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Risk Posed By Powerlines Must Be Considered

Any business conducting work near live powerlines must consider the risk they pose as part of its safety planning, says WorkSafe.

Logging company Mike Harris Earthmoving Limited was fined $100,000 at the Rotorua District Court on Friday after a worker suffered burns from an electric shock that left them without full use of their right hand.

In November 2018 Mike Harris Earthmoving Limited was using a forwarder, a vehicle used to pick up and transport logs, at a Rotorua site when the forwarder’s crane stopped working. The forwarder was then transported to an area on site to be repaired.

Once moved, the vehicle came in close enough contact with live powerlines for electricity to be conducted through the vehicle. As a result a worker who was holding a rail on the side of the machine at the time suffered a serious electric shock.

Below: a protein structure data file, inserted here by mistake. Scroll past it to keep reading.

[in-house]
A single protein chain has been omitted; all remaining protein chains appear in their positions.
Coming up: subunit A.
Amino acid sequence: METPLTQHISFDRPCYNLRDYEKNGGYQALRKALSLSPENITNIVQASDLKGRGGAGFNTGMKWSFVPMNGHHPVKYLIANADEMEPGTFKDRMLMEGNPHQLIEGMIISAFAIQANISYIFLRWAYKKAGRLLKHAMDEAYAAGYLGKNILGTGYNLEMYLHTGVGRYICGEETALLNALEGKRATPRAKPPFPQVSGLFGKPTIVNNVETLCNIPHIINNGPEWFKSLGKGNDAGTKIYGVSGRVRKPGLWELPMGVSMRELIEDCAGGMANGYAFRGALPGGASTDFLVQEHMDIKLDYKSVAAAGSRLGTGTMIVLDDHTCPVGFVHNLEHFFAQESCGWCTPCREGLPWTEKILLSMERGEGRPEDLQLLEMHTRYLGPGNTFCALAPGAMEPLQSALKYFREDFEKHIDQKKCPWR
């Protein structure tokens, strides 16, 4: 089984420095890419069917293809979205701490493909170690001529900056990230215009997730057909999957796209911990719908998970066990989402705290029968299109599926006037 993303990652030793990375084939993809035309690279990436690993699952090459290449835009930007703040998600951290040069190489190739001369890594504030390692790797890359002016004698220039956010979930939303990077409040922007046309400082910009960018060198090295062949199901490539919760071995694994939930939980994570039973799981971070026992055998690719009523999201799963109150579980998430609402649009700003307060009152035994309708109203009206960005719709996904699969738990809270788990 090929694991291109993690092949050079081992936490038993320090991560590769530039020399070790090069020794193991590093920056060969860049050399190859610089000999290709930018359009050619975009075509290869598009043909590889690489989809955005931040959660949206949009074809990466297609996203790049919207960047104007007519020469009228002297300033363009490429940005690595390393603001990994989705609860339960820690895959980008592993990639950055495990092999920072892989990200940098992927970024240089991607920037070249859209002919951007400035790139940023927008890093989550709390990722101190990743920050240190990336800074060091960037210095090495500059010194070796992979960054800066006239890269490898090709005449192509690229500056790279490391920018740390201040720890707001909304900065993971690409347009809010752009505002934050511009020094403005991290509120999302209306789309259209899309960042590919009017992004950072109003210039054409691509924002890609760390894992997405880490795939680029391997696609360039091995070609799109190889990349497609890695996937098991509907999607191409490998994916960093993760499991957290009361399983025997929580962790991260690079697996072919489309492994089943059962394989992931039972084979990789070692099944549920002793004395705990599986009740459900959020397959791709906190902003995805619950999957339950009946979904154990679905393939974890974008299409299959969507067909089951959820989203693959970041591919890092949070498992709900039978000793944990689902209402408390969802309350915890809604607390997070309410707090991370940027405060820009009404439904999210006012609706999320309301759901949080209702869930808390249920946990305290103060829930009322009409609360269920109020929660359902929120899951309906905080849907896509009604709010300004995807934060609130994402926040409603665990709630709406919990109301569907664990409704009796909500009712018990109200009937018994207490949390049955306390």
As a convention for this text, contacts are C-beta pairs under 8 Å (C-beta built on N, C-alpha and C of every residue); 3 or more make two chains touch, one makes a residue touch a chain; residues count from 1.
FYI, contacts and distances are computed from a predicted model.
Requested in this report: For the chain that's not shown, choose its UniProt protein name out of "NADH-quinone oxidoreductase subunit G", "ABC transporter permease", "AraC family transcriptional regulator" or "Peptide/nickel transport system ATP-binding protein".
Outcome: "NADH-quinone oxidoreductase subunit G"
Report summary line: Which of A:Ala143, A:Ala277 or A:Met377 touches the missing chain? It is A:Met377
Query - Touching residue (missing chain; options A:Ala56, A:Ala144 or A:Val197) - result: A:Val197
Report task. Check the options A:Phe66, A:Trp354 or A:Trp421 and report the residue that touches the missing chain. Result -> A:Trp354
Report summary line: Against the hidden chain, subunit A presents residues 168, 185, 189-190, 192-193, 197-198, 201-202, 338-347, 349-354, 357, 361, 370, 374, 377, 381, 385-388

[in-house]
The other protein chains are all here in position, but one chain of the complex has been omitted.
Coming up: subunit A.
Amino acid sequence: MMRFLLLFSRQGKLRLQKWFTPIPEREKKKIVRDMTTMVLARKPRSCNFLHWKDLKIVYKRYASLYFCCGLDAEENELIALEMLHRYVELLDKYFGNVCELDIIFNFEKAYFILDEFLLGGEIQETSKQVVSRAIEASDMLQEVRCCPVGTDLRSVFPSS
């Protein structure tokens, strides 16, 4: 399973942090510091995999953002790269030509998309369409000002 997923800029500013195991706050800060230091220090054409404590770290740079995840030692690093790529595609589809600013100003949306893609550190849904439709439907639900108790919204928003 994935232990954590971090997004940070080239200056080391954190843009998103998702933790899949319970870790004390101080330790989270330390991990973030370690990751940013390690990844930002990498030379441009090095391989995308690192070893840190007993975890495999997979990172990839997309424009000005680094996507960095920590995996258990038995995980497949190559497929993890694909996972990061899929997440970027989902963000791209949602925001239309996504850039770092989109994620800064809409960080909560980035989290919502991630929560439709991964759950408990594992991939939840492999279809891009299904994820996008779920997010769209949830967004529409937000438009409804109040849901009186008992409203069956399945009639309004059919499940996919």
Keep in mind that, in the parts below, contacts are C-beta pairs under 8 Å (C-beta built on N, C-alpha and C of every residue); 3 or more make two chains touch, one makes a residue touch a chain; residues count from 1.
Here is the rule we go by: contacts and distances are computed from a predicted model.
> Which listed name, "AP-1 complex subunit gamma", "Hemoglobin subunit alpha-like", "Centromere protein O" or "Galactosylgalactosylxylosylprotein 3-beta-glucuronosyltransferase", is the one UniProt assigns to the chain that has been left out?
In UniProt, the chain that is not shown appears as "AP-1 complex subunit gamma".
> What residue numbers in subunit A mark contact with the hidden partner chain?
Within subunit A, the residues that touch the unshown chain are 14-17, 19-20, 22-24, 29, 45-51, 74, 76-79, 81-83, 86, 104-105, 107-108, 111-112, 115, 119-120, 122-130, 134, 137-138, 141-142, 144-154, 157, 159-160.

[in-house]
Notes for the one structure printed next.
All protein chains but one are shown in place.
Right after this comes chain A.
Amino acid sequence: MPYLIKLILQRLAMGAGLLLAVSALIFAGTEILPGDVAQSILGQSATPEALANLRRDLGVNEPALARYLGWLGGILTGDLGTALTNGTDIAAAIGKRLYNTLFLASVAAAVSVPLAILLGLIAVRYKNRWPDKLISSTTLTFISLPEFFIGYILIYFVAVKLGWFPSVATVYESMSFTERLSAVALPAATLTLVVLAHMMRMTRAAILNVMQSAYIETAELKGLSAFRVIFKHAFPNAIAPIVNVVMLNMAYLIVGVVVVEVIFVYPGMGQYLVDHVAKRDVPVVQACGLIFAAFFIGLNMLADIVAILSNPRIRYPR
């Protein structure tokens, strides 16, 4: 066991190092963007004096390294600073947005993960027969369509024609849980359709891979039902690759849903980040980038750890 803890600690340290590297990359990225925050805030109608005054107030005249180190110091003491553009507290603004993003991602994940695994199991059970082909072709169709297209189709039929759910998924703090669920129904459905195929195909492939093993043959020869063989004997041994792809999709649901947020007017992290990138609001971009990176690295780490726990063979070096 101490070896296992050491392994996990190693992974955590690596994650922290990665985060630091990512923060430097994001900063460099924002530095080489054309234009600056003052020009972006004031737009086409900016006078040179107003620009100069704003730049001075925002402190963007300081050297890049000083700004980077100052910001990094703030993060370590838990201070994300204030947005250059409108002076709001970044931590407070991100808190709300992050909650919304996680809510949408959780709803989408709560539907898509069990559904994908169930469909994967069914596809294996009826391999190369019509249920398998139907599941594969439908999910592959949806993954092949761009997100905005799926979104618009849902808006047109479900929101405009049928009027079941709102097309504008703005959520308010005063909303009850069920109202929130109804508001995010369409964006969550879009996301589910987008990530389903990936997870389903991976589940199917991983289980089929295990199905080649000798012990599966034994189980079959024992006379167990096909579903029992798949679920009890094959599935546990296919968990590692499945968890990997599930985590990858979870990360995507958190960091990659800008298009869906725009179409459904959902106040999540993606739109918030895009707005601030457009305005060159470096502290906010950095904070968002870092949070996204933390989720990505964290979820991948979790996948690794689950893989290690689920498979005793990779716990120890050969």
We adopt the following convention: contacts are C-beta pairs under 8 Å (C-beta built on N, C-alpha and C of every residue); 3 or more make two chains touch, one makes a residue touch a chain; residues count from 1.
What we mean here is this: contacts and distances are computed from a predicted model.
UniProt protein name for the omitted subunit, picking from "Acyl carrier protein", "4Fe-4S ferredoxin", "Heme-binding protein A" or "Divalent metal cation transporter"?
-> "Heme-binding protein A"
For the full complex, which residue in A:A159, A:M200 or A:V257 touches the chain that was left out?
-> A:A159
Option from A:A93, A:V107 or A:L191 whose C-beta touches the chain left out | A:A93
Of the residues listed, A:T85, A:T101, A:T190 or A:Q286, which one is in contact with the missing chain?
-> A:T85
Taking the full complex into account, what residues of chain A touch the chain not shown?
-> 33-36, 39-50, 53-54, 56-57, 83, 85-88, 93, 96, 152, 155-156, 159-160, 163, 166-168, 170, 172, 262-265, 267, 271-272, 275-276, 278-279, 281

The worker suffered full thickness burns to his right foot and had to have two of his toes amputated. He also suffered full thickness burns to his right hand and has not been able to regain full use of his hand.

WorkSafe’s Acting Chief Inspector Danielle Henry said the incident left one person seriously injured but also put several others at serious risk.

“This work should not have been carried out near live powerlines. Before beginning repairs the company should have considered proximity to the powerlines and the potential for worker injury if the machine came into contact with live electricity.

“Mike Harris Earthmoving Limited didn’t have an area designated for repairs. This is a reminder to all businesses that the risk of powerlines must be considered. This company’s failure to do so has left a worker with life changing injuries.”

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